Research: Make the Anvil Theirs: Assessing the Impact of Oral Poetry on Young Children’s Imaginations
Do folk arts have a place in arts education?
Everyone, not only “artists,” has an imagination. Streets and woodlands, as much as museums, exhibit human inventions. Think about how people in flood plains have created sculpture out of the stranded trees, like woodcarver Simon O’Rourke, or how entire neighborhoods come together to show off holiday decorations.
These are small, everyday acts of creativity. Our everyday language is just as much a playing field for imagination. Conversations, as much as scripted plays and composed operas, exhibit human invention. Whenever people teach six-year-olds how to tell riddles, use metaphors in public meetings (in the wake of George Floyd’s murder), or tell the tale of their ill-fated commute to work, they exhibit how to invent and create with words to articulate human experience.
However, when we advocate for arts education – the space to cultivate creativity and invention – we are often speaking up for the “fine” arts, not for these daily forms of imagination or “folk” arts. But how much plainer would life be, without impromptu kitchen dances, hand-made wedding dresses, or the oral legends passed down in families? Similarly, national, state, and local literacy standards largely shun creative writing in favor of fact- and argument-based forms. Most curricula for English as a New Language (ENL) learners hones reading and writing, rather than the speaking and listening capacities that so many young people have across their languages. These narrow conceptions of literacy waste one of the most vital and universal starting places for learning about language as an artistic medium, and about people as potential wordsmiths, storytellers, and poets.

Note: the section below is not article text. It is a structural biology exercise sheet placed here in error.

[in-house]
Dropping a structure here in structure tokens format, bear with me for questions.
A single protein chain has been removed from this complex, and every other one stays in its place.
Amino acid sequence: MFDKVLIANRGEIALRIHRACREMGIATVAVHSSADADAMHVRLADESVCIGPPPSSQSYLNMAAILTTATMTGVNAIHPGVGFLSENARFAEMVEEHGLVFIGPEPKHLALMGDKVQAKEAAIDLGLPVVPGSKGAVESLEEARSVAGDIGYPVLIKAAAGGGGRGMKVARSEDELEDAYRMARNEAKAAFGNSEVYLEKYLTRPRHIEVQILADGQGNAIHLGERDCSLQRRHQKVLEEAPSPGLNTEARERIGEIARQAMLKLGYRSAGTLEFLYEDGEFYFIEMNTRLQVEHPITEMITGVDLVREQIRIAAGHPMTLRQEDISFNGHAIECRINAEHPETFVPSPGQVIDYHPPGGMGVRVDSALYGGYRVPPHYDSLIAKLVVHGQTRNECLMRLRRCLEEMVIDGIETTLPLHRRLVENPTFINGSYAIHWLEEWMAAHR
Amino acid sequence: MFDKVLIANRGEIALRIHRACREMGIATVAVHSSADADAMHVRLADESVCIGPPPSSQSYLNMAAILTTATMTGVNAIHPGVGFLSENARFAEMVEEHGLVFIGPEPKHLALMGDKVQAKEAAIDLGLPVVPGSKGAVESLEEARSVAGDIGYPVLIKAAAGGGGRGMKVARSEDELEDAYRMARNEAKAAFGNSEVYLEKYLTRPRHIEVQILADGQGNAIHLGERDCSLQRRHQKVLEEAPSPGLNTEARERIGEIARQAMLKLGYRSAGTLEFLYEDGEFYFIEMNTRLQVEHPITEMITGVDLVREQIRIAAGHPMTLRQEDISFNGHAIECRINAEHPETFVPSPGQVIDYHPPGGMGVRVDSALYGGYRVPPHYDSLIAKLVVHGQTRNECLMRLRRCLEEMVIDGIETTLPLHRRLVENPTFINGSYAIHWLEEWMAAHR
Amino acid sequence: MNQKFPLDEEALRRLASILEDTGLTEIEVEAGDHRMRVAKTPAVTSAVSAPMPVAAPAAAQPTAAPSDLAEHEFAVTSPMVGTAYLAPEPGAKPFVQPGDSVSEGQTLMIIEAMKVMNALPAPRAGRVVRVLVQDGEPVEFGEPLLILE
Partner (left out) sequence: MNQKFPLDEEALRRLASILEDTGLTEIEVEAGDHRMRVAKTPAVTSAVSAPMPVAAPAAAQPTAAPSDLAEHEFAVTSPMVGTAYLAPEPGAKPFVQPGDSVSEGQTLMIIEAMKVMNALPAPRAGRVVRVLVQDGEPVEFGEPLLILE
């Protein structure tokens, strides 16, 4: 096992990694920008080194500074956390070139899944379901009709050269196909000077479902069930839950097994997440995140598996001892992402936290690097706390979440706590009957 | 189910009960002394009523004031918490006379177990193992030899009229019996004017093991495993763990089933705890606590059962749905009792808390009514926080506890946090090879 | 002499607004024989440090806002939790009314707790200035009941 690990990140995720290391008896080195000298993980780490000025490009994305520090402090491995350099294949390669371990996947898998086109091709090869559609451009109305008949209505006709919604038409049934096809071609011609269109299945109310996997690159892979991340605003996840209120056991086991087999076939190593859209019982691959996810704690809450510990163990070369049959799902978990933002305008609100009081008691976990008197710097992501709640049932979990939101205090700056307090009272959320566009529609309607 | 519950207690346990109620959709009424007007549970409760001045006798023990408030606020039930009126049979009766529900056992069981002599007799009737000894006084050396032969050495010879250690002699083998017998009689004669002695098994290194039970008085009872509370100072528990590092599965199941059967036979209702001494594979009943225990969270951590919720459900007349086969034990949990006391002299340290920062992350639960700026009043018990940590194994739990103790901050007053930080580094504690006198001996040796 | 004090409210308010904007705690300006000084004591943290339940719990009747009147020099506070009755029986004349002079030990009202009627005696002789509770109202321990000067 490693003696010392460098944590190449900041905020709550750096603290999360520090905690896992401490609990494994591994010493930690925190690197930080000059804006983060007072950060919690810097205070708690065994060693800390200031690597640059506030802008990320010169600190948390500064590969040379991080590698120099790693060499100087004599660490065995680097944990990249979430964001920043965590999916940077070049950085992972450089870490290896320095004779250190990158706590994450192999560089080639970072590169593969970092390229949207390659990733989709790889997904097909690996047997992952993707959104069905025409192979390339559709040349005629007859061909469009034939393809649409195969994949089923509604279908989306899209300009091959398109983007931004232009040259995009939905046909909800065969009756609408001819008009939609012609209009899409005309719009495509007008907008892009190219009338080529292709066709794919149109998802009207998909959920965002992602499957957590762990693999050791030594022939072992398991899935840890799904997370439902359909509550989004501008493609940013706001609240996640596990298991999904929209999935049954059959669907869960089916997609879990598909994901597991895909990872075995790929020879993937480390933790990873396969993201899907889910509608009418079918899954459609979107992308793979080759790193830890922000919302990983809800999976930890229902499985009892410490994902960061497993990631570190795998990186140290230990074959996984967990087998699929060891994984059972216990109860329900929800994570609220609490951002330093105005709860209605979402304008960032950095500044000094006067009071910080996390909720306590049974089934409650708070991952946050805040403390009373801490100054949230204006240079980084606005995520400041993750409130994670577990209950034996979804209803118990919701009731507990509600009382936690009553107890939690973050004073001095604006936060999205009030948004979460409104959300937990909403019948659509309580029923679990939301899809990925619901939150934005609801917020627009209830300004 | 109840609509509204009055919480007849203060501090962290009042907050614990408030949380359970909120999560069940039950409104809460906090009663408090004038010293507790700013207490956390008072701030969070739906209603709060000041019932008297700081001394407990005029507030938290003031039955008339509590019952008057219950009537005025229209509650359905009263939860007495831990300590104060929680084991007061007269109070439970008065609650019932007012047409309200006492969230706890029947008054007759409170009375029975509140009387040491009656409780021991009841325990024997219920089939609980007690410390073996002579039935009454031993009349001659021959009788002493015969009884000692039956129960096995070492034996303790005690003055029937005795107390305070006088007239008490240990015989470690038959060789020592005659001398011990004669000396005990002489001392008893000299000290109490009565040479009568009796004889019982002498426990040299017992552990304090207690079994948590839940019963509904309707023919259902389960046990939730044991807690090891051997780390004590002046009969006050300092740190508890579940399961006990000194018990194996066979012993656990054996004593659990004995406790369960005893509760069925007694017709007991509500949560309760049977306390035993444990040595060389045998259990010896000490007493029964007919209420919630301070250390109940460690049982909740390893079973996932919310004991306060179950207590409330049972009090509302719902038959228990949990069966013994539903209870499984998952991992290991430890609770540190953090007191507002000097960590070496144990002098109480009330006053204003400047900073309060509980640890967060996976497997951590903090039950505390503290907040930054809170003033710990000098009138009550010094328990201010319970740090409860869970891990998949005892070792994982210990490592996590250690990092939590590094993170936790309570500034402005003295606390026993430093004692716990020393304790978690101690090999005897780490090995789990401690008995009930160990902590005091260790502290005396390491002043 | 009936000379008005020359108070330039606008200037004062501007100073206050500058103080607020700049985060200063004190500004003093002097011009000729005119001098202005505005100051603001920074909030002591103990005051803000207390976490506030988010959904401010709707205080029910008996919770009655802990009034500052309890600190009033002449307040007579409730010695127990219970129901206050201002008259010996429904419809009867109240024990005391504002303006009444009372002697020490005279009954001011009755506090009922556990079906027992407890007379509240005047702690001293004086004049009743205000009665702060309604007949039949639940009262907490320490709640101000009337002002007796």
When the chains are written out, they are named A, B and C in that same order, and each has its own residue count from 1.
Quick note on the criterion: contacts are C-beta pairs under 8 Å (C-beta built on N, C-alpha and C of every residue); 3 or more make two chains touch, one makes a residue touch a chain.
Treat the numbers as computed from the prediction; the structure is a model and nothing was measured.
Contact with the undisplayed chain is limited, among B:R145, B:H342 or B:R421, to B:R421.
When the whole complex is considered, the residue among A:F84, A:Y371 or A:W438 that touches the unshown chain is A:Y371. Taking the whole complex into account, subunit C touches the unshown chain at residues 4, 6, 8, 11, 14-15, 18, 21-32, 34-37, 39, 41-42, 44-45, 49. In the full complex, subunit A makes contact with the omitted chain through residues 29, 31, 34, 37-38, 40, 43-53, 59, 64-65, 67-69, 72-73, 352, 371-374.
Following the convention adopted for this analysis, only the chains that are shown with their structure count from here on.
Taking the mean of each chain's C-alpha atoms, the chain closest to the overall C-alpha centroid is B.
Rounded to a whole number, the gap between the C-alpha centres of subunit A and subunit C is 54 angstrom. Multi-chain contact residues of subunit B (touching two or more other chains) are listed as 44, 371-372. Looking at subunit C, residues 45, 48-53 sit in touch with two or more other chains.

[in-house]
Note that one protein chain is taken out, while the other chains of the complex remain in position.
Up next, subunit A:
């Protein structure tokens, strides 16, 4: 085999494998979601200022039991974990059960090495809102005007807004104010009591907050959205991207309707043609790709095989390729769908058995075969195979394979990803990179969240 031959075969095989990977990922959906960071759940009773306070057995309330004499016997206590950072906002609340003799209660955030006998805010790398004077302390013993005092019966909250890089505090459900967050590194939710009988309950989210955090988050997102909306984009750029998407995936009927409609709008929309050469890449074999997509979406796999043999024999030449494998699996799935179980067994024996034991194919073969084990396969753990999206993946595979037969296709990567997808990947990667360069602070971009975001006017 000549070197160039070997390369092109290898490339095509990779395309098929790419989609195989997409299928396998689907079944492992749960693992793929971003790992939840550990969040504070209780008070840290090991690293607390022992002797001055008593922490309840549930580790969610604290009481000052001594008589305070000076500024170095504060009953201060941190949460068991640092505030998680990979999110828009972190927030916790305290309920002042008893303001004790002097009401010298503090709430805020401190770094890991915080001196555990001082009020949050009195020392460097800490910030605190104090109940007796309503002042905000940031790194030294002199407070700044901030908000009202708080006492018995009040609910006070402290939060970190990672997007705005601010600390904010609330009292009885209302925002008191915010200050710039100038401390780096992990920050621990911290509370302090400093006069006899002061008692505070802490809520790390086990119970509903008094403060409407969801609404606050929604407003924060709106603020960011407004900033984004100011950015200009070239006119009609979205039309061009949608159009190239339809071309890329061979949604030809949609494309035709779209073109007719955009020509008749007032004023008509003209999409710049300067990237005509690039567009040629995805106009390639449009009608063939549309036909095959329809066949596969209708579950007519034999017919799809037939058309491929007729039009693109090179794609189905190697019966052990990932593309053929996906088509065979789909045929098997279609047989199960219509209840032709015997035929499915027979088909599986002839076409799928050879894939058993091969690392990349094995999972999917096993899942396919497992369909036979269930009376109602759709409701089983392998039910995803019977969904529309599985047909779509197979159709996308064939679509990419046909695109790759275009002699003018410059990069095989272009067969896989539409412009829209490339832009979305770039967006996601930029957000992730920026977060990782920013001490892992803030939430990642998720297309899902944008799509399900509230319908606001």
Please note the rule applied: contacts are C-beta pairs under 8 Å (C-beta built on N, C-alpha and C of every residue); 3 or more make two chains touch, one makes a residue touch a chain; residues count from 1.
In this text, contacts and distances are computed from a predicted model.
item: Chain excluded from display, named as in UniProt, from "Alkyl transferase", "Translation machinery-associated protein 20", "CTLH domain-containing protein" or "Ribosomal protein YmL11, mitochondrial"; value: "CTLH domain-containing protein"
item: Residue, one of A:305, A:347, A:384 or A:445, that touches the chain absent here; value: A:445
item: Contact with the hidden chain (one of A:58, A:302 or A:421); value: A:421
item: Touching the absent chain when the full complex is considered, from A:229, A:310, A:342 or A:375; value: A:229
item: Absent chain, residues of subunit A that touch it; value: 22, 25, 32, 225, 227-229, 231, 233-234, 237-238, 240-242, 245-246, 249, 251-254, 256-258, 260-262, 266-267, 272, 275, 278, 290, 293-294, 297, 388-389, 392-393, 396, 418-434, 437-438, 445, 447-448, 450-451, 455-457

More broadly, turning away from jokes, legends, and lyrics – the creative heartbeat of our days – may foreclose on one of the most immediate arenas in which young people learn to articulate how they see the world.
Folk arts and folklore are about celebrating the histories, traditions, invention, and creativity that make up the fabric of everyone’s daily life.
In that spirit, City Lore wanted to know what would happen if folklorists partnered with culturally and linguistically diverse teaching artists to envelop students in oral language traditions over a five-year-period. More specifically, as their evaluation partner, we (the team at WolfBrown) wanted to know whether engaging and sustained oral poetry residencies could have a measurable impact on young people. We had these questions:
• Will this kind of residency program change young people’s attitude toward poetry? Will
they come to see it as a powerful way of making their voices heard?
• Will they grow more open and curious about the poetry of other traditions and cultures?
• Will they grow as poets?
• Does time spent with poetry transfer to other domains? For example, If asked to transfer what they learn in City Lore to social studies or science class, do they write in more imaginative and individual ways? How is the writing and thinking of young people with multiple years of City Lore residencies different from that of their peers?